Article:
Playwright Lynn Nottage on Growing Up with the Great Norman Lewis

Playwright Lynn Nottage on Growing Up with the Great Norman Lewis

The award-winning playwright talks about her family’s relationship with artist Norman Lewis and her connection to his “vibrant” abstract work, Evening Rhapsody.

A portrait of Norman Lewis from the Nottages' family collection.

N orman Lewis was a charismatic, and occasionally forbidding, member of the Abstract Expressionist movement that stormed the art world in the middle of the last century. But to the double Pulitzer Prize-winning playwright Lynn Nottage, he was plain “Uncle Norman”.

Nottage has vivid memories of visiting Lewis’s studio with her family when she was a little girl. “He was one of the first artists to occupy one of those great industrial spaces in Soho [in New York]. He had this magnificent cluttered loft, where paintings were rolled up and stuffed in all the nooks and crannies. Not just his own paintings, but also those of others. He was a collector – a collector of ideas, of books and records. He was a great liver.”

The connection between the families began when Nottage’s father Wallace attended Harlem Community Art Center, where Lewis was one of the teachers, as a young boy. They met again at Harlem Youth Opportunities Unlimited, an organisation founded in the 1960s to help young unemployed African Americans. “My father lived in a tenement, he was very, very poor,” recalls Nottage. “Norman became a mentor to him and a friend. And they maintained that relationship until Norman’s death.”

Norman Lewis sitting backwards on a chair with a painting on an easel in the background.
Artist Norman Lewis in his Harlem studio in New York, February 1960. Photo: Arnold Newman / Arnold Newman Collection via Getty.

Shortly before the painter’s passing in 1979, as a gesture of that friendship, Lewis made a gift to Wallace of one of his paintings, Evening Rhapsody, a typically bold and exuberant abstract work painted in the mid-1950s. After experimenting at the beginning of his career with social realism, Lewis had turned to abstraction by the late 1940s – a move interpreted by critics as a reflection of his growing political disillusionment and a loss of faith in the ability of art to effect change.

“I don’t know what led him to abstraction,” says Nottage when asked about the theory. “But one of the things I can imagine is that he wanted to be in conversation with the world in a way that could express his frustration and vision through his paintbrush. And there is a more expansive exploration that can happen with abstraction, when you are trying to get to the heart of emotion, than with figurative work.

Norman Lewis, Evening Rhapsody , 1955, $700,000–1,000,000, is being offered in Sotheby's Contemporary Art Evening Auction 12 May, New York . © Estate of Norman W. Lewis, Courtesy: Michael Rosenfeld Gallery LLC, New York, NY.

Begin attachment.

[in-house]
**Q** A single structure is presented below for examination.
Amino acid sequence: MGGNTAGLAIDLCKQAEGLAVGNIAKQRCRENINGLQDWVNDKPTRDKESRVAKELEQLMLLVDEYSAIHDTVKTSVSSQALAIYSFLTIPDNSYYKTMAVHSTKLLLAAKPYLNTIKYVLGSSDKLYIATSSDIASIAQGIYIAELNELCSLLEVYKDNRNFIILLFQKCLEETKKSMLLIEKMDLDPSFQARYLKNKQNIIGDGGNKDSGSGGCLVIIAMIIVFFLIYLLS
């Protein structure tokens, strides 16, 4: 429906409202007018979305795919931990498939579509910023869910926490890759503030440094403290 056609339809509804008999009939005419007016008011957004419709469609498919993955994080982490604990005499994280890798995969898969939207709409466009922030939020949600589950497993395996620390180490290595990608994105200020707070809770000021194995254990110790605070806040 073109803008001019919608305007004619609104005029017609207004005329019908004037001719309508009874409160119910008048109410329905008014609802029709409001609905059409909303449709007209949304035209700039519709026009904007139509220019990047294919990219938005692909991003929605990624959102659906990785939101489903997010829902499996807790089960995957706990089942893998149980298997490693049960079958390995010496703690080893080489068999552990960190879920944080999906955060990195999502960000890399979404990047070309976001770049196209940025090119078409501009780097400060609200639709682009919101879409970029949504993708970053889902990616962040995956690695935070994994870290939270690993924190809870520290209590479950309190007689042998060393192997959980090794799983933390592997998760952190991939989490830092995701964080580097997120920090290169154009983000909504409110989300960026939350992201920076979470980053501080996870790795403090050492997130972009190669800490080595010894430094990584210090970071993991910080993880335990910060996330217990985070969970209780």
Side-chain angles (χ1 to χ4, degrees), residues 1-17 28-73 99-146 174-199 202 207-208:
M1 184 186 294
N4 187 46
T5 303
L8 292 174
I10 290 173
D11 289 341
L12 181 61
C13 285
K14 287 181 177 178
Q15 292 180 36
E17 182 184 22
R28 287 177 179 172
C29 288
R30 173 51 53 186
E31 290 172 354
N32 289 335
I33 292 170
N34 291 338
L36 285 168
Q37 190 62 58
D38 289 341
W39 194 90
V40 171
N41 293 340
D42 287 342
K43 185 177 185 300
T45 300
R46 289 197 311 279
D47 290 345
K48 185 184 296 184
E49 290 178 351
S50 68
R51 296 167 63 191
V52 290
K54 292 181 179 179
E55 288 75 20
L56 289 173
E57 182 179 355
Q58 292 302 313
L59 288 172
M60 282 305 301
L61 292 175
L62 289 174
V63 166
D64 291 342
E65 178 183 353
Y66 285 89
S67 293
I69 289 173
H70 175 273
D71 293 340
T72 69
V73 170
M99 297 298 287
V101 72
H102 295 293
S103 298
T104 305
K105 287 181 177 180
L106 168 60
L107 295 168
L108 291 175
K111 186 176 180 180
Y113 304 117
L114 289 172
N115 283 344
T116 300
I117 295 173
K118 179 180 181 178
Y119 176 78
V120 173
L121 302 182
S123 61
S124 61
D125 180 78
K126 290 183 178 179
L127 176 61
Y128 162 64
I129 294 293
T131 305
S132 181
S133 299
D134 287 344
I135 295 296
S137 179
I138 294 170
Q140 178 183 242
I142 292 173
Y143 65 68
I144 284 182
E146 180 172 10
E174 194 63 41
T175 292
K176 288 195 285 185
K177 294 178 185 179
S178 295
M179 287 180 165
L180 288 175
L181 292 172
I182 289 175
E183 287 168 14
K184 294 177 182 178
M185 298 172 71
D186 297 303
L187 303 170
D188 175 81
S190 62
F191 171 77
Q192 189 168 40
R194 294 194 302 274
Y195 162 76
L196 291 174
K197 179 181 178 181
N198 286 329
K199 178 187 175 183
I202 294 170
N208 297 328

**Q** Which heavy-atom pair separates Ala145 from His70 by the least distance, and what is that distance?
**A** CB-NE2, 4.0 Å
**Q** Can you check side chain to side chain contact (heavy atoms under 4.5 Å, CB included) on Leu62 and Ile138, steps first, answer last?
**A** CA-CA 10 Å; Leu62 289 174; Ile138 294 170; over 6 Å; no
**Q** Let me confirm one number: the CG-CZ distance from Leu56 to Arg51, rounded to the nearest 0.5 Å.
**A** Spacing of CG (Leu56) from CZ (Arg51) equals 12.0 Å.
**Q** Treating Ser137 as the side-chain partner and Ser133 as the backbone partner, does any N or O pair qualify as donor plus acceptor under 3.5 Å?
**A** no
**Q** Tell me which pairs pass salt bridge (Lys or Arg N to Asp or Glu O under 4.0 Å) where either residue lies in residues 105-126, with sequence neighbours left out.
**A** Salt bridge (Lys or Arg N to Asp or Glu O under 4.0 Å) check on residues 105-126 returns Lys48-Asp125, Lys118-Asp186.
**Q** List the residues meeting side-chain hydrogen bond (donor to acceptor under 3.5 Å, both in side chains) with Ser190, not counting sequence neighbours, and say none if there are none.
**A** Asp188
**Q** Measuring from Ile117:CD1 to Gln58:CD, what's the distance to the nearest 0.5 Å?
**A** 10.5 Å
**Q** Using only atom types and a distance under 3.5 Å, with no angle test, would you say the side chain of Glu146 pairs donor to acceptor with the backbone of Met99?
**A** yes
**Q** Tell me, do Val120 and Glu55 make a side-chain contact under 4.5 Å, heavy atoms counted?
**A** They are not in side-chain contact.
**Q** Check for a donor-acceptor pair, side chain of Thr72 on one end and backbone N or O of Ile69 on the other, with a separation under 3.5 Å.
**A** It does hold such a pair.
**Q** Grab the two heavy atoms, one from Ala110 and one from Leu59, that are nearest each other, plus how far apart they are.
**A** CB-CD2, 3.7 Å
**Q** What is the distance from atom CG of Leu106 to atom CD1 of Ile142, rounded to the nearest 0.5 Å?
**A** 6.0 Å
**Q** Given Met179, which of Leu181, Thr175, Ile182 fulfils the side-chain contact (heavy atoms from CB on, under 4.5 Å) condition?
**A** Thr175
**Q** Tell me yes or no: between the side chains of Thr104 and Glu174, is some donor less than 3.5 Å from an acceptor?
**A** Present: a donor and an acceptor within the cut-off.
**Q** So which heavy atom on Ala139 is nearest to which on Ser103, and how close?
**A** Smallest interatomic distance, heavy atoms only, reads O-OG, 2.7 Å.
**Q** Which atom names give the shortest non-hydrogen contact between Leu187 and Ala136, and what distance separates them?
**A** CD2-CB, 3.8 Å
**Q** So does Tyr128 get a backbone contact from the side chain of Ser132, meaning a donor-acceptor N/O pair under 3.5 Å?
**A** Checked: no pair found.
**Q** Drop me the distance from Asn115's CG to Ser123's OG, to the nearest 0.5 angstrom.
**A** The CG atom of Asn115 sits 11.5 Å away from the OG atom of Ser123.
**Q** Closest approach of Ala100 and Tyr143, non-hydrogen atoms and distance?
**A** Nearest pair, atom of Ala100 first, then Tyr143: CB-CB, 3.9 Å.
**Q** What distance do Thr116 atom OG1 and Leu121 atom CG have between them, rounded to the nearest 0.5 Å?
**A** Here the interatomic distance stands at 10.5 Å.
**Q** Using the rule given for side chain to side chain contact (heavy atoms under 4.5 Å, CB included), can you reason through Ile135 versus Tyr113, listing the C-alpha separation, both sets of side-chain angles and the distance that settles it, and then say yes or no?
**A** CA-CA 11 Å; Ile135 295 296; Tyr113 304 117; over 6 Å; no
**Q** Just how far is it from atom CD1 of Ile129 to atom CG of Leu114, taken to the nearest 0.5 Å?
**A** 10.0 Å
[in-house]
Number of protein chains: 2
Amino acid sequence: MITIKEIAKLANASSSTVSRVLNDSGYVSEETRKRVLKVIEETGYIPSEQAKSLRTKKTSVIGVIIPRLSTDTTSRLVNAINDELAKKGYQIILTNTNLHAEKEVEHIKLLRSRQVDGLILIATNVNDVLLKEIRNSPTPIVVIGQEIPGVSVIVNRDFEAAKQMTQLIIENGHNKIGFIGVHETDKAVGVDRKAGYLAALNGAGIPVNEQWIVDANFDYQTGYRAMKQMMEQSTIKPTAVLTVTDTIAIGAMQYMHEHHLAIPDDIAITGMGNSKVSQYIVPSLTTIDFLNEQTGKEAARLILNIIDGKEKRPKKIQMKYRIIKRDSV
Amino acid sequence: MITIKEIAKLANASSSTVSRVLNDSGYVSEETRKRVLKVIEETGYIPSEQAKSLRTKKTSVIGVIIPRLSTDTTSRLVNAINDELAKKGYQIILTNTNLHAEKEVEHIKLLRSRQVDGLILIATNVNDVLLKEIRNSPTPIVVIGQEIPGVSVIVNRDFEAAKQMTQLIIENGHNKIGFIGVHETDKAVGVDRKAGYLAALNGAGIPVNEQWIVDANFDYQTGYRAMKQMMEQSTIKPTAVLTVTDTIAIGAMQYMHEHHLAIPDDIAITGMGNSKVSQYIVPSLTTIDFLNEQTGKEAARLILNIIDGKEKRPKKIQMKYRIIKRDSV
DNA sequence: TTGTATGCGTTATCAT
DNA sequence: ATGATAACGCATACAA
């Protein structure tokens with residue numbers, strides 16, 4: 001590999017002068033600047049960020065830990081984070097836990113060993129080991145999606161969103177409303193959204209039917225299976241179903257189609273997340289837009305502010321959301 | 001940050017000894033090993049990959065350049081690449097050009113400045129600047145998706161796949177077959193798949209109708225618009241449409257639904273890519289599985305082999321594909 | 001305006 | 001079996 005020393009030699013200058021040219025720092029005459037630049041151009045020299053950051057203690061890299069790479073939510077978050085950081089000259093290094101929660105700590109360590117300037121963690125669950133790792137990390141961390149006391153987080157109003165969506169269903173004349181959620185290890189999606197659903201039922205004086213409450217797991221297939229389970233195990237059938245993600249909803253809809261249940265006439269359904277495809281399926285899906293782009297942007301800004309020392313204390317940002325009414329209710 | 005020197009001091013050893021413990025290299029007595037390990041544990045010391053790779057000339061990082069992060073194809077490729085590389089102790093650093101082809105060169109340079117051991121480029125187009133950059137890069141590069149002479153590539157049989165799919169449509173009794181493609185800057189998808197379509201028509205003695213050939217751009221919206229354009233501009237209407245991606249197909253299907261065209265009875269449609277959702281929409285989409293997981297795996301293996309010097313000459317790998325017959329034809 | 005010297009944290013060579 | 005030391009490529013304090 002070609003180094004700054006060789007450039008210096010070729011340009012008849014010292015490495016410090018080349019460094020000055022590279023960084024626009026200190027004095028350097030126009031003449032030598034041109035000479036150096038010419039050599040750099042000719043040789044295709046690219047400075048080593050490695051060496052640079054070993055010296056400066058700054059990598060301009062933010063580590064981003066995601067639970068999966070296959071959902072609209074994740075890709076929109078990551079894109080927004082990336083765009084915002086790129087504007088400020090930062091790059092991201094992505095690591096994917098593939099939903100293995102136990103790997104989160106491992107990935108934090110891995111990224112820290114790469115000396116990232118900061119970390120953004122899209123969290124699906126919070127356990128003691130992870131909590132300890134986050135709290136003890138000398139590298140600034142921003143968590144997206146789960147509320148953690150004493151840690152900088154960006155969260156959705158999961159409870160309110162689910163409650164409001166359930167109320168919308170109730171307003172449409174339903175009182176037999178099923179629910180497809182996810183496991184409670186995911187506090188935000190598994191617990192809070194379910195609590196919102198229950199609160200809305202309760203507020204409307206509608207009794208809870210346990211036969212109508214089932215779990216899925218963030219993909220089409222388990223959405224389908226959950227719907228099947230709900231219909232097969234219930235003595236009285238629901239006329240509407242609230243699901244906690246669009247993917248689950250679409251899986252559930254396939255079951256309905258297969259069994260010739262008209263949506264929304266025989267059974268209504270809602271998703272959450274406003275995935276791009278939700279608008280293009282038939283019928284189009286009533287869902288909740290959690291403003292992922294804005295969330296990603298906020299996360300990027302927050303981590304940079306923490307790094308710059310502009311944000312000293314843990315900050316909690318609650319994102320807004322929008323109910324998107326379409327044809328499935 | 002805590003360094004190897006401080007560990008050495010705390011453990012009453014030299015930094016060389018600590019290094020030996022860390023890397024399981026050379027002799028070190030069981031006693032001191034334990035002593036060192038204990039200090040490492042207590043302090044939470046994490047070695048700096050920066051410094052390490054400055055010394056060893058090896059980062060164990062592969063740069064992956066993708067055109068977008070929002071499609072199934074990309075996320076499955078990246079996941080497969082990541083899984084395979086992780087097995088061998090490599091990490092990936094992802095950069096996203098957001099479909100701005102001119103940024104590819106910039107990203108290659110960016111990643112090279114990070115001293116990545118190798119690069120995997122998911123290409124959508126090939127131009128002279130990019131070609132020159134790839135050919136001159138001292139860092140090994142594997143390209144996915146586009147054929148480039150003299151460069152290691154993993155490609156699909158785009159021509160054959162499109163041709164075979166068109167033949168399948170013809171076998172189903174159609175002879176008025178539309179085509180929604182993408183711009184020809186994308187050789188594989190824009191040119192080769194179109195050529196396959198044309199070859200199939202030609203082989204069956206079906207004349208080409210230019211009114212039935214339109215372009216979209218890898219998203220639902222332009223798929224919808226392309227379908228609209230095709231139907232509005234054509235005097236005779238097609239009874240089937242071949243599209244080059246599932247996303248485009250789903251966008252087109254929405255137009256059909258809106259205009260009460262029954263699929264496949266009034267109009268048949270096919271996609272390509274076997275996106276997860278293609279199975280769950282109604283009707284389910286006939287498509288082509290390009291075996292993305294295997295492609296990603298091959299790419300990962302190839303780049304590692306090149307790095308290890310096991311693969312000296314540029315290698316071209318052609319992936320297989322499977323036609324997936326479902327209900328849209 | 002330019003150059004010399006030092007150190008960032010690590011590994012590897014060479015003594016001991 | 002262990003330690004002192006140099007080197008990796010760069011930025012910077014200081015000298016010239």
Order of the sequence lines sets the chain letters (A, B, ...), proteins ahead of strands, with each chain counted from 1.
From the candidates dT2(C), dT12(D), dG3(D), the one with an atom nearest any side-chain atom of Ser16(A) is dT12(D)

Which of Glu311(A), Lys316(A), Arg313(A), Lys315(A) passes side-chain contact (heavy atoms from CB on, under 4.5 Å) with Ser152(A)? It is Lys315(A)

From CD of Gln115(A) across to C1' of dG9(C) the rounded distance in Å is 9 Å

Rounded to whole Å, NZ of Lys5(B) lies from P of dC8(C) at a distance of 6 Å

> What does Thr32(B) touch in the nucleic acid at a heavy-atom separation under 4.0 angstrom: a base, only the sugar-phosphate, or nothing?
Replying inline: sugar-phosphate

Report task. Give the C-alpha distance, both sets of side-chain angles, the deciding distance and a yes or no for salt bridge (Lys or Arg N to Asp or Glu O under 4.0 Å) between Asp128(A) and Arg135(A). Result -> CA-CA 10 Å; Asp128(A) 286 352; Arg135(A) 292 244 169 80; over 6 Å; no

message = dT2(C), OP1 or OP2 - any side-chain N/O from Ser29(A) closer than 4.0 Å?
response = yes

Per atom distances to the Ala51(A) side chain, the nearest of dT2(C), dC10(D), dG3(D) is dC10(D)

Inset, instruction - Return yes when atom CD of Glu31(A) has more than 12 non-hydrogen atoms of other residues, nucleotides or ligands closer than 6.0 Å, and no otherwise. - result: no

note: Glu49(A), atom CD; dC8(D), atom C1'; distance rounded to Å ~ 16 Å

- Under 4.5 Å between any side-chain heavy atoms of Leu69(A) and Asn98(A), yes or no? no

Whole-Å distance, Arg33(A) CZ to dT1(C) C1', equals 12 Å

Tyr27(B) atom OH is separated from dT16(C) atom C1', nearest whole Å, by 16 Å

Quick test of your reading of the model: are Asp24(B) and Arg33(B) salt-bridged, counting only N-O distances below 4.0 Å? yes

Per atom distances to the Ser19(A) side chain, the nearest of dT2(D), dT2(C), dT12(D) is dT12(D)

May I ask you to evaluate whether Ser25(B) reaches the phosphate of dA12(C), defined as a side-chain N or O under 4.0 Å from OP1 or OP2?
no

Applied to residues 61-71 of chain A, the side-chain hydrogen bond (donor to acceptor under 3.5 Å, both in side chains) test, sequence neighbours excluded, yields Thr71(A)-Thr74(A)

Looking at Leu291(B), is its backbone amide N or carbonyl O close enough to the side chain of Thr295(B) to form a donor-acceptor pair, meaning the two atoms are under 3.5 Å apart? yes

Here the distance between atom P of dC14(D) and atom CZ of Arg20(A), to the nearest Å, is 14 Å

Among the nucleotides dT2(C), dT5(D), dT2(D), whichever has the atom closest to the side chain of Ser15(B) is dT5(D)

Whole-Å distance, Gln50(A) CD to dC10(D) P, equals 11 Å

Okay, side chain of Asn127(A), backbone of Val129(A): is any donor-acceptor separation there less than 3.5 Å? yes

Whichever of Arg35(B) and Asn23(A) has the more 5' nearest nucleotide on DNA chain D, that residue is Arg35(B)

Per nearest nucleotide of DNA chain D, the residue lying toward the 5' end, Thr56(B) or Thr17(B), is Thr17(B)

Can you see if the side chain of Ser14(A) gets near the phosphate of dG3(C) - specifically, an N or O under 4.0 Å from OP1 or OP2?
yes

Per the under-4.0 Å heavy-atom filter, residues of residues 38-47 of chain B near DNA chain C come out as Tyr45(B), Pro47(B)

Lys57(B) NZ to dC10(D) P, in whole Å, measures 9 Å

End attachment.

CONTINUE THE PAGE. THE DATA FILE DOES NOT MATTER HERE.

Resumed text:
“I also think it coincided with a particular moment in African-American expression. I’m thinking of the bebop movement, and all those jazz men who he would have been listening to, who were really deconstructing traditional music, to find ways to express themselves that couldn’t be contained in traditional western vessels.

“Norman was the personification of cool. He was like Miles Davis or [John] Coltrane. He was looking for different ways of getting at his personal truth.”

Evening Rhapsody has played a prominent part in Nottage’s life since she inherited the painting from her father, as a centrepiece of the Brooklyn home where she lives with her husband, the filmmaker Tony Gerber, and two children.

Lynn nottage standing in front of norman lewis's vibrant yellow, red, green painting on a deep blue wall looking at the bottom edge
Lynn Nottage and her brother Aaron with NORMAN LEWIS, EVENING RHAPSODY , 1955, $700,000–1,000,000.

“It always occupied a huge space in our home because it is a large, vibrant, colourful painting. It was right above our bed because we loved seeing it every single morning. Even though it is called Evening Rhapsody, and it shows a sunset, there was something that felt welcoming about it. That’s where it lived, and now that it has gone, we were just lamenting how much we really miss it!”

The name of Norman Lewis, the only Black artist in the Abstract Expressionist movement, may not be as well known as those of the so-called titans of the genre, such as Mark Rothko and Jackson Pollock, but Nottage, who won her Pulitzers for her plays Ruined, 2009 and Sweat, 2017, describes him as a central figure of that era.

“Norman was the personification of cool. He was like Miles Davis or [John] Coltrane. He was looking for different ways of getting at his personal truth.”
Ruby Nottage, Norman Lewis and Ouida Lewis.

“He was in dialogue with all the key players – he was probably the original Irascible,” she says, referring to the nickname given to the movement’s notoriously temperamental protagonists. “But we know the role that racism and bias played in stripping people of colour, and women, of their rightful place in the canon.

“Now we are in the middle of a great reckoning, in which the world at large has to come to terms with the way it has diminished and destroyed the voices of Black people. Norman was a visual storyteller. That story is part of the American narrative and it belongs there rightfully. And if you eliminate someone like Norman from there, you are removing a big part of the story of Abstract Expressionism in America.”

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